Members of the audience stifled a few giggles as the familiar soundtrack from the blockbuster movie Titanic was played. It may have seemed absurd but it was really no laughing matter
We were at a debate on the global credit crunch and how it could affect the insurance industry. Last year’s predictions that the insurance and reinsurance industry would escape the subprime collapse unscathed are now being reconsidered. In its renewals report Benfield said the subprime crisis was a “potential cloud on the horizon”.
While most of the fallout have so far been focused among the specialist mortgage and bond insurers, losses revealed by Swiss Re and XL suggest the impact will not remain isolated. “Bond insurance losses are permeating into the mainstream,” warned Julian Spence, senior vice president of Transatlantic Re London, speaking at the debate.
Those reinsurers that avoid being hit on the asset side may find themselves with a significant underwriting exposure. Guy Carpenter’s predictions that directors’ and officers’ (D&O) losses from the subprime crisis were likely to reach $2bn now seem conservative. Recent reports suggest this figure could go as high as $9bn.
The credit crunch debate was held in London on a sunny Thursday morning. The same day XL Capital revealed its fourth quarter losses could go as high as $1.7bn. The losses – primarily as a result of its exposures to financial guarantee insurer Security Capital Assurance – promptly led to rating downgrades from Fitch and AM Best.
In a separate announcement, bond insurer Ambac confirmed it was facing a massive $5.2bn pre-tax credit derivative hit. Fitch downgraded its rating by two notches in anticipation of the colossal loss. Earlier in the week, RenRe and PartnerRe had revealed they were writing off their $200m investment in Channel Re, MBIA’s financial guarantee reinsurer. In December, MBIA’s ratings were placed on negative watch by Fitch after the insurer said it expected a $1bn shortfall.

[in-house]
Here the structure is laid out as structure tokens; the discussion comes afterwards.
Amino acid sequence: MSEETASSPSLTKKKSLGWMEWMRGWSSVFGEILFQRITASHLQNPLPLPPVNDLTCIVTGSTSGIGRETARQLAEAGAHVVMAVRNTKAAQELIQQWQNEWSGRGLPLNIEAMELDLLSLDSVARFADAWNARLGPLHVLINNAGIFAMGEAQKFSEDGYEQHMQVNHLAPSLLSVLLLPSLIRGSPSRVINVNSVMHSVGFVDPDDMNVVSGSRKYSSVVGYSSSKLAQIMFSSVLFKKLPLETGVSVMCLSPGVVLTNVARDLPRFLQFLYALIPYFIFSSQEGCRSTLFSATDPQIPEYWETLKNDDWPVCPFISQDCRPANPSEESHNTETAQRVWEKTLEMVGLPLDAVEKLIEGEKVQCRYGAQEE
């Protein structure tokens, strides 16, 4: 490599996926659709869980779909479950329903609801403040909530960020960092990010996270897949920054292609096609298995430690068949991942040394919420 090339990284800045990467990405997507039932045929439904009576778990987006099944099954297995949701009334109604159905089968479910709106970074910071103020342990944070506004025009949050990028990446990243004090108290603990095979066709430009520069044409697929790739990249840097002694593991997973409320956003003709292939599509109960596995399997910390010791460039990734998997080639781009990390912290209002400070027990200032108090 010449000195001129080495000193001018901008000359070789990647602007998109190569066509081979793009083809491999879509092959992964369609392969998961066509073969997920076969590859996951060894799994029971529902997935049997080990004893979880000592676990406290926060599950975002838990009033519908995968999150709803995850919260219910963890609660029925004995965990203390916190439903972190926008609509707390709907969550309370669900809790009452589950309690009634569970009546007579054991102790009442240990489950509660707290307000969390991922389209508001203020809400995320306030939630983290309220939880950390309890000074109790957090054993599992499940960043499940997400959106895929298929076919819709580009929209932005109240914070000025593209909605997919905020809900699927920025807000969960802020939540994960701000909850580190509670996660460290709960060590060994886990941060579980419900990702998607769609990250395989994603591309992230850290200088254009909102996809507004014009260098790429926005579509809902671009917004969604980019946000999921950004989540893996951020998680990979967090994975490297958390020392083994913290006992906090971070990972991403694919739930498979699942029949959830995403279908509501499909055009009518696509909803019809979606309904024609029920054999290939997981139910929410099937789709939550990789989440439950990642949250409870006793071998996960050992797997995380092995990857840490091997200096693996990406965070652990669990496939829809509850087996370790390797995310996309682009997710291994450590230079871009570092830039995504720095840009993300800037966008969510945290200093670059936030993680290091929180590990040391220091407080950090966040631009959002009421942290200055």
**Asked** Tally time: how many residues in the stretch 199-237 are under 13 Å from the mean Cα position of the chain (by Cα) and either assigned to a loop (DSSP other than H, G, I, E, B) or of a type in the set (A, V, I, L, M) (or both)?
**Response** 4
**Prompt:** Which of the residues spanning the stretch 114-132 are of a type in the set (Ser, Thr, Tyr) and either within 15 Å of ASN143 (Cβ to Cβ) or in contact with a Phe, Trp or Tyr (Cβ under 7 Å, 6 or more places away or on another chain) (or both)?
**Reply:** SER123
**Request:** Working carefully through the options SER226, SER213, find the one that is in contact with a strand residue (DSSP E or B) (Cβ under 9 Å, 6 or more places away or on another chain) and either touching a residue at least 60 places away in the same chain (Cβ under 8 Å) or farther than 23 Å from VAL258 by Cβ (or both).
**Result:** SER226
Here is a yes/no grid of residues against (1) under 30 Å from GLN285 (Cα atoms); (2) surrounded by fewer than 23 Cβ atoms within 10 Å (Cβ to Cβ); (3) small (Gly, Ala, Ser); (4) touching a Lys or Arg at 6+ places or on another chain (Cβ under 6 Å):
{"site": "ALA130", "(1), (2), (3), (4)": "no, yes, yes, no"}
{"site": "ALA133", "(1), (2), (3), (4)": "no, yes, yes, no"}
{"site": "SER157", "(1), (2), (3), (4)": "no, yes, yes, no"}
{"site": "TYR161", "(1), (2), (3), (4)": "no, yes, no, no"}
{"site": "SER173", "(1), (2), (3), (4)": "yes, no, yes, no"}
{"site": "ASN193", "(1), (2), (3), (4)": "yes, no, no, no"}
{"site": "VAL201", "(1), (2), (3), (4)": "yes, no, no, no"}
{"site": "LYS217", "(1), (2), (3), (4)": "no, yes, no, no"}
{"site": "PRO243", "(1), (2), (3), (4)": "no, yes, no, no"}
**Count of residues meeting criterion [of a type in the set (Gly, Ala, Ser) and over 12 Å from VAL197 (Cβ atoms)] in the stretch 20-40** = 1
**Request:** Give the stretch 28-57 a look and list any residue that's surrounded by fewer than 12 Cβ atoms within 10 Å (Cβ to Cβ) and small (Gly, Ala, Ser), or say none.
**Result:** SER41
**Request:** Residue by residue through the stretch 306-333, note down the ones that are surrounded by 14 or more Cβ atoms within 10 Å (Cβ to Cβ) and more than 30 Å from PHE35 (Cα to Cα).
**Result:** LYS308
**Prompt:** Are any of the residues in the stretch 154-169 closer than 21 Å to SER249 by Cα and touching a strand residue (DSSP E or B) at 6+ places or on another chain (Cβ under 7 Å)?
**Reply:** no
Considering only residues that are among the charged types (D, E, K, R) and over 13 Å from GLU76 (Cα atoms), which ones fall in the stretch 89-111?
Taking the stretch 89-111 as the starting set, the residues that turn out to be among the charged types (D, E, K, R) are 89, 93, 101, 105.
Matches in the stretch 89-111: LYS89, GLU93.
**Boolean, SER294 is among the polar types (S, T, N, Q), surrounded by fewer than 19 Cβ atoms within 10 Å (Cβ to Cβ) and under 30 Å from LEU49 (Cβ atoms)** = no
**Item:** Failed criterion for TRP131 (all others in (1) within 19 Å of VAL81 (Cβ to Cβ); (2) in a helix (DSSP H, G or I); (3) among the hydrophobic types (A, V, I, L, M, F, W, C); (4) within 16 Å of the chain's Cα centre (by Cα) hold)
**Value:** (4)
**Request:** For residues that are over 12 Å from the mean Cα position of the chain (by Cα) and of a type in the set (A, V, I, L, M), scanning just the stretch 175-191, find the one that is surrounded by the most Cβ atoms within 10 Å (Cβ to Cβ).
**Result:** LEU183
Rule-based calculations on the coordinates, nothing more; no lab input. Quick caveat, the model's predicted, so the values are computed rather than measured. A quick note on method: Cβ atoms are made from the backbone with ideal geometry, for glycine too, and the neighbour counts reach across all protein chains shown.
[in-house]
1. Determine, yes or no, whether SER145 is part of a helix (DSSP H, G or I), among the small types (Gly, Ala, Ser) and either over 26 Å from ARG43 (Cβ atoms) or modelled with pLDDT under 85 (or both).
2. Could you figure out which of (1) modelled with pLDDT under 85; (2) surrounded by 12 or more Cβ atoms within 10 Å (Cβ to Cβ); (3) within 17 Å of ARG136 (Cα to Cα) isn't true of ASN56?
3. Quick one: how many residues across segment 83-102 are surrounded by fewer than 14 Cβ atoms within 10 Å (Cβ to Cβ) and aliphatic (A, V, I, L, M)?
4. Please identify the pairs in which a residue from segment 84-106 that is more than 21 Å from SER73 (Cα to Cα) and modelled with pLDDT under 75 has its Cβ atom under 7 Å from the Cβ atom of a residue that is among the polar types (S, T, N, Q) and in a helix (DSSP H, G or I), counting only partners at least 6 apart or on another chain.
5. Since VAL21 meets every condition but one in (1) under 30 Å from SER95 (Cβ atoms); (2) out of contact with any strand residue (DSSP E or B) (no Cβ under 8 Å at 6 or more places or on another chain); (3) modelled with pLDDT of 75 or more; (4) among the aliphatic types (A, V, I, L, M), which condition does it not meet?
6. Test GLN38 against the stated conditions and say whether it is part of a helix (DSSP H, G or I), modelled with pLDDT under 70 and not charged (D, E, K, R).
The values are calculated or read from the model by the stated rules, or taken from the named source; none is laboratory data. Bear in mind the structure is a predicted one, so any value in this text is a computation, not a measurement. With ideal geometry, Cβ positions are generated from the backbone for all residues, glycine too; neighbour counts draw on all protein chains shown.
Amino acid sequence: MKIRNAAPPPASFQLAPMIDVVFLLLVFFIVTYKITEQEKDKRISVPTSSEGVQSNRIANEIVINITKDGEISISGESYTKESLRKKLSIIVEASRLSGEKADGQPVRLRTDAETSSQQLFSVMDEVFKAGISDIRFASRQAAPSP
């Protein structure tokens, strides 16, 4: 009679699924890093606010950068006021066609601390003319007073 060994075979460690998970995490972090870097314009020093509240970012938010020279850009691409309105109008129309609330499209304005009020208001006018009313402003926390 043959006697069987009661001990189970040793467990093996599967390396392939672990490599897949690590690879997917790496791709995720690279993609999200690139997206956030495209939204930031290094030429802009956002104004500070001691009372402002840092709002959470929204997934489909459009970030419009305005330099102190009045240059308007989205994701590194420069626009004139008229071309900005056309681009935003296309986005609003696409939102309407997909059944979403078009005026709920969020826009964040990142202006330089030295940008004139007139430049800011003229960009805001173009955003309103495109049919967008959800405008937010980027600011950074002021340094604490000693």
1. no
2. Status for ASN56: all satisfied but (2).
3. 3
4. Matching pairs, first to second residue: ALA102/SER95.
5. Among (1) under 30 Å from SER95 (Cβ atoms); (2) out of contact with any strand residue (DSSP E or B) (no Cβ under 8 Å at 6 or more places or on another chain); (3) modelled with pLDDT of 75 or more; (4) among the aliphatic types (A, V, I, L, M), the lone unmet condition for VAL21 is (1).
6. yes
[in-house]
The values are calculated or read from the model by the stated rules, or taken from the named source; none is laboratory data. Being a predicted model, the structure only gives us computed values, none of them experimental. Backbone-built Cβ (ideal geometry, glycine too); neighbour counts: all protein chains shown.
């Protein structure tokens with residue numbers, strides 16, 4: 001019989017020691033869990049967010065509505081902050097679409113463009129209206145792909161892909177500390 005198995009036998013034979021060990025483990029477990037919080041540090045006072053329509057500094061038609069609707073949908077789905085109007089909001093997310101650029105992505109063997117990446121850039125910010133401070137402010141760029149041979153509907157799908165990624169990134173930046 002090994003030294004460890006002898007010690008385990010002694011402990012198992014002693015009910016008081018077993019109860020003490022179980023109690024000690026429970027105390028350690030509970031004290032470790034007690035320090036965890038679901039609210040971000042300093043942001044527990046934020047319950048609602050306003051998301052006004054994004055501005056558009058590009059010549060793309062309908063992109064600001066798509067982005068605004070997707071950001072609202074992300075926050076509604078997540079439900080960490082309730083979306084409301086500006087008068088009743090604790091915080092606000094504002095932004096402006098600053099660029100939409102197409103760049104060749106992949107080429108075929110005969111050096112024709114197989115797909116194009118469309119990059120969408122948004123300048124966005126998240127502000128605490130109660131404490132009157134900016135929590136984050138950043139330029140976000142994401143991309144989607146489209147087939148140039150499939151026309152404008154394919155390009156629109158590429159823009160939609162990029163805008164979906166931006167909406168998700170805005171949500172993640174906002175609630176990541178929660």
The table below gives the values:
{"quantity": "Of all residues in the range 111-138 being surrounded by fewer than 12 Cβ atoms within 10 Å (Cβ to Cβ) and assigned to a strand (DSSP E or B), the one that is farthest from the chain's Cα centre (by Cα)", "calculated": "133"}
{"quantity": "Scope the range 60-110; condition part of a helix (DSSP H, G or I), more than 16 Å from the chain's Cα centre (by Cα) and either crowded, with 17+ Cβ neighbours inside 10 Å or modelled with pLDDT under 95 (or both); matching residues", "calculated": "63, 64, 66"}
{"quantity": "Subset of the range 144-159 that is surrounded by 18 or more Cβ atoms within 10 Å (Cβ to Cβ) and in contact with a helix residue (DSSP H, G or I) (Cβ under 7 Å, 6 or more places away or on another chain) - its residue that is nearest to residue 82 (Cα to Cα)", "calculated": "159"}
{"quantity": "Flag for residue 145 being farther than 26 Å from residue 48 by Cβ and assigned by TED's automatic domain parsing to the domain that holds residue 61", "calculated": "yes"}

“Market sentiment has changed in the last week,” said Spence. Everyone is watching the spate of downgrades in the bond insurance sector with alarm. The sector collectively insures $2.4trn of debt around the world and relies on its triple-A ratings. If the insurers are downgraded, the bonds and other assets they guarantee will also lose value.
Remarkably, that sunny Thursday was possibly a worse day for the global stock markets. French bank Société Générale revealed rogue trader Jerome Kerviel had cost the company $7.2bn. Share prices tumbled at the end of an already turbulent week with the US Federal Reserve cutting interest rates by an unheard of 0.75% in a last ditch effort to stave off recession.
As Celine Dion faded into the background, Mike Holley, director of special products at credit insurer Atradius, warned of a “crisis of confidence”. Unlike the famously doomed Titanic, Holley said the global credit market would be hit by two “icebergs”. The first was the mass of consumer defaults which resulted in the US subprime crisis. The second iceberg – yet to hit – would be corporate defaults. “There are a lot of sick companies out there,” he said.
Global recession now seems inevitable. It would be wrong to assume that reinsurers will escape the next downturn unscathed. Granted most are conservative investors and it is unlikely Warren Buffett will be riding to the rescue of any other ailing reinsurers (the famed Oracle of Omaha recently snapped up a 3% stake in Swiss Re).
Any other subprime victims will make themselves known as the final year results trickle in. But the real sting may be yet to come. Two and a half years ago the industry had only to snap its fingers and hey presto! it had raised $30bn, replenishing dented balance sheets after Hurricane Katrina and taking full advantage of hard market opportunities.
Will fresh capital flow into the industry in the same way should it experience a sizable loss in 2008? In the absence of a liquid market, surely that will be the real test. Reinsurance companies may once again be anticipating record results and wondering what on earth to do with all that surplus capital. The wise amongst them will put it towards strengthening their hulls and bracing for that second iceberg.